0
$\begingroup$

This is probably a quick one for someone familiar with integral equations:

I have an equation of the form $\int_{a}^{b}du \, g(u,v) \, f(u)=c$ with $a$, $b$, and $c$ constant; and $f(u)$ a known function (with $g(u,v)$ unknown).

Since this is a simple form it seems that someone at some point probably studied it extensively, but I can't find any info on it by searching because I don't know what it would be called. It looks like the "reverse" case, with the unknown function being of a single variable and the known being of two, is fairly well known (Fredholm equation).

Many thanks!

$\endgroup$
  • $\begingroup$ en.wikipedia.org/wiki/Volterra_integral_equation ? $\endgroup$ – Bennett Gardiner Nov 3 '14 at 10:34
  • $\begingroup$ @BennettGardiner Hey, thanks for the comment, but the wiki says that for the Volterra equation it is the unknown function which has one variable and the known one which has two. Do you know what the opposite is called? $\endgroup$ – quantum_loser Nov 3 '14 at 10:38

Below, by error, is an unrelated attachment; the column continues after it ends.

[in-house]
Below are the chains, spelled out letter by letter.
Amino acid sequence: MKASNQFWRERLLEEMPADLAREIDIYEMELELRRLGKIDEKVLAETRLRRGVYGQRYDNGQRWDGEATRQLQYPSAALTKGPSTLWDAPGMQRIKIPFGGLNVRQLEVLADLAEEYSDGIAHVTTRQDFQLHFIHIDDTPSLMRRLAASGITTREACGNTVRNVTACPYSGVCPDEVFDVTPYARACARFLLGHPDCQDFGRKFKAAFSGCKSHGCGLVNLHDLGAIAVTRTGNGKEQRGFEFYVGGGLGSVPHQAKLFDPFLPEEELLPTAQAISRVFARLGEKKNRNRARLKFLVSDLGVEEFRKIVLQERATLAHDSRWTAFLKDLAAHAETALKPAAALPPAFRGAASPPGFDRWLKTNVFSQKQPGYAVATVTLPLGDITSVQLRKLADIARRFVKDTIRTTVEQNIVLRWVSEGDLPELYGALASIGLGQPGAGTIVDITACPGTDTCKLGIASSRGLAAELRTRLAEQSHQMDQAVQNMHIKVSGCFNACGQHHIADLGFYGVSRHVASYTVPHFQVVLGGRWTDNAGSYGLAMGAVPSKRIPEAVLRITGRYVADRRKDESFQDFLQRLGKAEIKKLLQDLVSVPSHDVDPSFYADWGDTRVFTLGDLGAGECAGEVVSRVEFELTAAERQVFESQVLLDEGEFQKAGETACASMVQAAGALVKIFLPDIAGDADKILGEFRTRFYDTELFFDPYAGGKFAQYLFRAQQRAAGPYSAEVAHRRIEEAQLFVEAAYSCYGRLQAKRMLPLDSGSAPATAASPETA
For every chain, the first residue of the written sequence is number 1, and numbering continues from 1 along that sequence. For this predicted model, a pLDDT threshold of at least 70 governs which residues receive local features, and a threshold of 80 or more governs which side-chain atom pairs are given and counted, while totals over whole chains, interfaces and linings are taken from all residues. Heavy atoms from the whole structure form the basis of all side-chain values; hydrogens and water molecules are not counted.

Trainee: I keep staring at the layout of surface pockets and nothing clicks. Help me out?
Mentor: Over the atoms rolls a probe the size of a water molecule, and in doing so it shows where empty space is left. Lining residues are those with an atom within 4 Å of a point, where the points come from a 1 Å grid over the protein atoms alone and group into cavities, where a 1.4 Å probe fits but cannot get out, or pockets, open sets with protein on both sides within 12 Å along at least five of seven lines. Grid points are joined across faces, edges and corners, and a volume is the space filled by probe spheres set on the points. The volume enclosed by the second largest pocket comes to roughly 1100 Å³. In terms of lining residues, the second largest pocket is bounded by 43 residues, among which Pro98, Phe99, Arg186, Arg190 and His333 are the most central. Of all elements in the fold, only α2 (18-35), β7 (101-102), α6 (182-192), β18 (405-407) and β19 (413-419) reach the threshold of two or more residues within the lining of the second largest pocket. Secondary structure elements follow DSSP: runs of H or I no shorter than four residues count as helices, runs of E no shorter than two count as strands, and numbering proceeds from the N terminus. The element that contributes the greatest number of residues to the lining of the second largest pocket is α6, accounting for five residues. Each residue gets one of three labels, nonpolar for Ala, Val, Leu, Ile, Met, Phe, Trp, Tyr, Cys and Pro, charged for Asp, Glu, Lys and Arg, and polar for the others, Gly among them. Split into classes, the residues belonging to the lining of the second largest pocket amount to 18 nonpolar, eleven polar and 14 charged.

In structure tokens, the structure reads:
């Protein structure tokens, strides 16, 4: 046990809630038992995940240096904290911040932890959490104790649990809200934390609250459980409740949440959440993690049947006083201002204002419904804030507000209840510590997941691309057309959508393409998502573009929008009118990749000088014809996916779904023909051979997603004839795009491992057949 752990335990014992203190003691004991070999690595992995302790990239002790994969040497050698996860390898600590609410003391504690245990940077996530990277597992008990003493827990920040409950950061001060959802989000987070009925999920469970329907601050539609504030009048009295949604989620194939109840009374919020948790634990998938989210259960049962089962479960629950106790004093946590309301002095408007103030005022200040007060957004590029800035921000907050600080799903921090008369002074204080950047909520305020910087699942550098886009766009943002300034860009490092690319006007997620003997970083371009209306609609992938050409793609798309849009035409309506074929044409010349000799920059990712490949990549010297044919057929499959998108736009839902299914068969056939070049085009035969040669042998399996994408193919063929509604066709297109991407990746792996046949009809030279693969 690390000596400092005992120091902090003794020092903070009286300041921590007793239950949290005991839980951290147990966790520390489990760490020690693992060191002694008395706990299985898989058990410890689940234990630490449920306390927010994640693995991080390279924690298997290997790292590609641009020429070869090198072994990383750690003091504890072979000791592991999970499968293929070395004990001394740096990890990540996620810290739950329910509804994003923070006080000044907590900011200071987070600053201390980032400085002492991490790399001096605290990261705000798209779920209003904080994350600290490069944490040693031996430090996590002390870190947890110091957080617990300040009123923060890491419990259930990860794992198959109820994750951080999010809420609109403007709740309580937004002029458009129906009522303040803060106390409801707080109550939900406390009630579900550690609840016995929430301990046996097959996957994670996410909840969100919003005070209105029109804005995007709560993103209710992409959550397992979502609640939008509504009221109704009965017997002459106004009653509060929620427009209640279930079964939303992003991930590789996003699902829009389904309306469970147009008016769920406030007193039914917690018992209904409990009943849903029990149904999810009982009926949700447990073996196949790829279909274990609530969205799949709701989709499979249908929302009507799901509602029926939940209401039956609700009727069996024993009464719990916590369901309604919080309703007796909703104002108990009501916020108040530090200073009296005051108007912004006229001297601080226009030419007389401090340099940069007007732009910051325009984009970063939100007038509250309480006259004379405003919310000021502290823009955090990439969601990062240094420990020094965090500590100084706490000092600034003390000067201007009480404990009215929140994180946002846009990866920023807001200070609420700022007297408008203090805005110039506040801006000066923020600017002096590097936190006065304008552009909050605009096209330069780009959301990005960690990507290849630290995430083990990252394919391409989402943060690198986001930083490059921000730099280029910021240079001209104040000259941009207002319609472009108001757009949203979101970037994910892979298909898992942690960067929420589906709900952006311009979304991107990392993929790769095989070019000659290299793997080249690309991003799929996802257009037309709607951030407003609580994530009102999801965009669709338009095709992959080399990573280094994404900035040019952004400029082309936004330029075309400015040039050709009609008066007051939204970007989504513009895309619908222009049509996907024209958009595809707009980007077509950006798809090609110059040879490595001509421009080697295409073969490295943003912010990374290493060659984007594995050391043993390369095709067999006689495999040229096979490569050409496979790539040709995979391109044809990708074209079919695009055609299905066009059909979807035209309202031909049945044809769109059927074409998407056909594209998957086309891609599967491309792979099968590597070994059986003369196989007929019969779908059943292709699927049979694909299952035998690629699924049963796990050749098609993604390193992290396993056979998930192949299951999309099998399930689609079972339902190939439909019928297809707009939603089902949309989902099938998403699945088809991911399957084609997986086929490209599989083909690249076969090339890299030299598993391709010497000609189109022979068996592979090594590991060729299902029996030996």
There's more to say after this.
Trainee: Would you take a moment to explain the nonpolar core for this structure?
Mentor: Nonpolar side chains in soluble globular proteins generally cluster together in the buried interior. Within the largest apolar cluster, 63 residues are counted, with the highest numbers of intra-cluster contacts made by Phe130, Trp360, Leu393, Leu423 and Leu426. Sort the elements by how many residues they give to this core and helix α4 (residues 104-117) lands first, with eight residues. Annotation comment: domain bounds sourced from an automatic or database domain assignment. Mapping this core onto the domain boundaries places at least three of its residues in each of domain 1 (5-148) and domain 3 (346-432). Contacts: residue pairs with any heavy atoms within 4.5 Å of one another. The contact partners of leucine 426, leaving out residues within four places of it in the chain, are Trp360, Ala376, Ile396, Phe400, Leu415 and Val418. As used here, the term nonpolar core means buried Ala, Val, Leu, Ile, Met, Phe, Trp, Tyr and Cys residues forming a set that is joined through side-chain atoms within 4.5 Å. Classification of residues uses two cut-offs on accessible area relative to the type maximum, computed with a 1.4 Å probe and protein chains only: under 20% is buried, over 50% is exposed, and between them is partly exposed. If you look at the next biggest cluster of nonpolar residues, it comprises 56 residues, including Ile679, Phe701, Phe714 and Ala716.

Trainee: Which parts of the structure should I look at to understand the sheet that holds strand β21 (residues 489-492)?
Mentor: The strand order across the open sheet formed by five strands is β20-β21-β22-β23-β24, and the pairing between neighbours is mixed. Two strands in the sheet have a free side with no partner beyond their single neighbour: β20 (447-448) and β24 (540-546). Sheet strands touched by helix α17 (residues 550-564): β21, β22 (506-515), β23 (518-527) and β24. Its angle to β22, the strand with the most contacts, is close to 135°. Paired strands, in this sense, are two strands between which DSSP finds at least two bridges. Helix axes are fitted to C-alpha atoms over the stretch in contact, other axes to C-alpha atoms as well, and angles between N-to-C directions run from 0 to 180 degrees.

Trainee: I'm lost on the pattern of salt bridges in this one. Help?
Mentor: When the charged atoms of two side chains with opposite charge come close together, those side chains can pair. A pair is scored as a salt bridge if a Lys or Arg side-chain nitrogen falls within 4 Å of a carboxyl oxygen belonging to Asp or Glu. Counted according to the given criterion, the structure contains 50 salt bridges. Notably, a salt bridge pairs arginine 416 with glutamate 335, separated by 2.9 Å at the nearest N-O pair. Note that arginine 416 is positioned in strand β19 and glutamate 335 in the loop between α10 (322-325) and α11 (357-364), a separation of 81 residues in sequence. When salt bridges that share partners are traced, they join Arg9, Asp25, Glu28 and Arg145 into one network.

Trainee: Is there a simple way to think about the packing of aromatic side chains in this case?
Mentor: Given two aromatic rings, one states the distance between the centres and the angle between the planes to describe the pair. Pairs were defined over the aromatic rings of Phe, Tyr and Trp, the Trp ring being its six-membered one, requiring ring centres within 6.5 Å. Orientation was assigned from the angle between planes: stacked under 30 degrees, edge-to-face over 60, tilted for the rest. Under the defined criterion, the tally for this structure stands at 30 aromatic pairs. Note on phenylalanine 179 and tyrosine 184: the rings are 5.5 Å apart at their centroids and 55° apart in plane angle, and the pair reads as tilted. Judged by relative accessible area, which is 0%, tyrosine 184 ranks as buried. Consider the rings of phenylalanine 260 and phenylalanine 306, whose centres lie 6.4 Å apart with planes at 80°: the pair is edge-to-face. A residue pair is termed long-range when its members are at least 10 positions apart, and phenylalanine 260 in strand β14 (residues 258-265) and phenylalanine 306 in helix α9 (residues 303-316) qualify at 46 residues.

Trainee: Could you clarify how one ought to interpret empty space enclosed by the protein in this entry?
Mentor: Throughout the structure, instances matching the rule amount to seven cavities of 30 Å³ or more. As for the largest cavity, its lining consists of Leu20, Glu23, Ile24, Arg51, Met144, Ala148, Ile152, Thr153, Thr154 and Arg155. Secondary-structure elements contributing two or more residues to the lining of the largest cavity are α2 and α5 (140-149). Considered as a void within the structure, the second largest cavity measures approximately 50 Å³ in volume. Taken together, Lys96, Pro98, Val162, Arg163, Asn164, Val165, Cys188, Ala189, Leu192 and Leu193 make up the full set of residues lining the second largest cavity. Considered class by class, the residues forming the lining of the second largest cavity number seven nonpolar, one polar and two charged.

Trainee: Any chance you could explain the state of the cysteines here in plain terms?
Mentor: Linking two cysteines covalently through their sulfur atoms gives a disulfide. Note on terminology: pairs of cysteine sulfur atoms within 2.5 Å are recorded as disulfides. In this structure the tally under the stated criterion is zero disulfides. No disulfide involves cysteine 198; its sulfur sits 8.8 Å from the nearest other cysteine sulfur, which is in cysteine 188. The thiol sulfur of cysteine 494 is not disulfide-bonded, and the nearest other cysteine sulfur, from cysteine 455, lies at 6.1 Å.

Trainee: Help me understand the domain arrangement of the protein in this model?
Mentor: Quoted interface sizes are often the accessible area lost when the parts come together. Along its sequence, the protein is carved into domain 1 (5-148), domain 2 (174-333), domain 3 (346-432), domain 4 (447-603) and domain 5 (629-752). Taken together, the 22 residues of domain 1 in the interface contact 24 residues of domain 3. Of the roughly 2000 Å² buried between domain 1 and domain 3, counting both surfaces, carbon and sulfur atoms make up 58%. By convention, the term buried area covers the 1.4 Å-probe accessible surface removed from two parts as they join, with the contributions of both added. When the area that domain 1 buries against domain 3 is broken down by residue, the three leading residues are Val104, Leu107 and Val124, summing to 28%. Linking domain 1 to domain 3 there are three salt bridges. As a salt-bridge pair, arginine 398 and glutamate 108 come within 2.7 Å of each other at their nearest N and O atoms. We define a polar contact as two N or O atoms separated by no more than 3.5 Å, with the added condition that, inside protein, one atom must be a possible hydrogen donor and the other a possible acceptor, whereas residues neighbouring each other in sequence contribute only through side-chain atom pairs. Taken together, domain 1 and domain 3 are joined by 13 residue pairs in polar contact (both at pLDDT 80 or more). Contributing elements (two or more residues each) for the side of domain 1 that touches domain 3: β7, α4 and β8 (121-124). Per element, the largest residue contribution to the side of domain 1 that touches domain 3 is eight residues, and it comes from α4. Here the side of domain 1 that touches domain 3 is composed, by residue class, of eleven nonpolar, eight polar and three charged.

• $\begingroup$ Oh, I see. That's difficult... surely $c$ would be at least a function of $v$? $\endgroup$ – Bennett Gardiner Nov 3 '14 at 11:42
  • $\begingroup$ @BennettGardiner Actually no, not in my case. In fact it is this property of "marginal flatness" that I am hoping places some constraints on a particular physical system I am studying. To be exact the function $g$ is actually some unknown probability measure I want to try to find some constraints for. $\endgroup$ – quantum_loser Nov 3 '14 at 11:47
  • $\begingroup$ Have you considered that $\displaystyle g(u,v) = \frac{c}{f(u)(b-a)}$ is a solution? $\endgroup$ – Bennett Gardiner Nov 3 '14 at 12:10

Your Answer

By clicking “Post Your Answer”, you agree to our terms of service, privacy policy and cookie policy

Browse other questions tagged or ask your own question.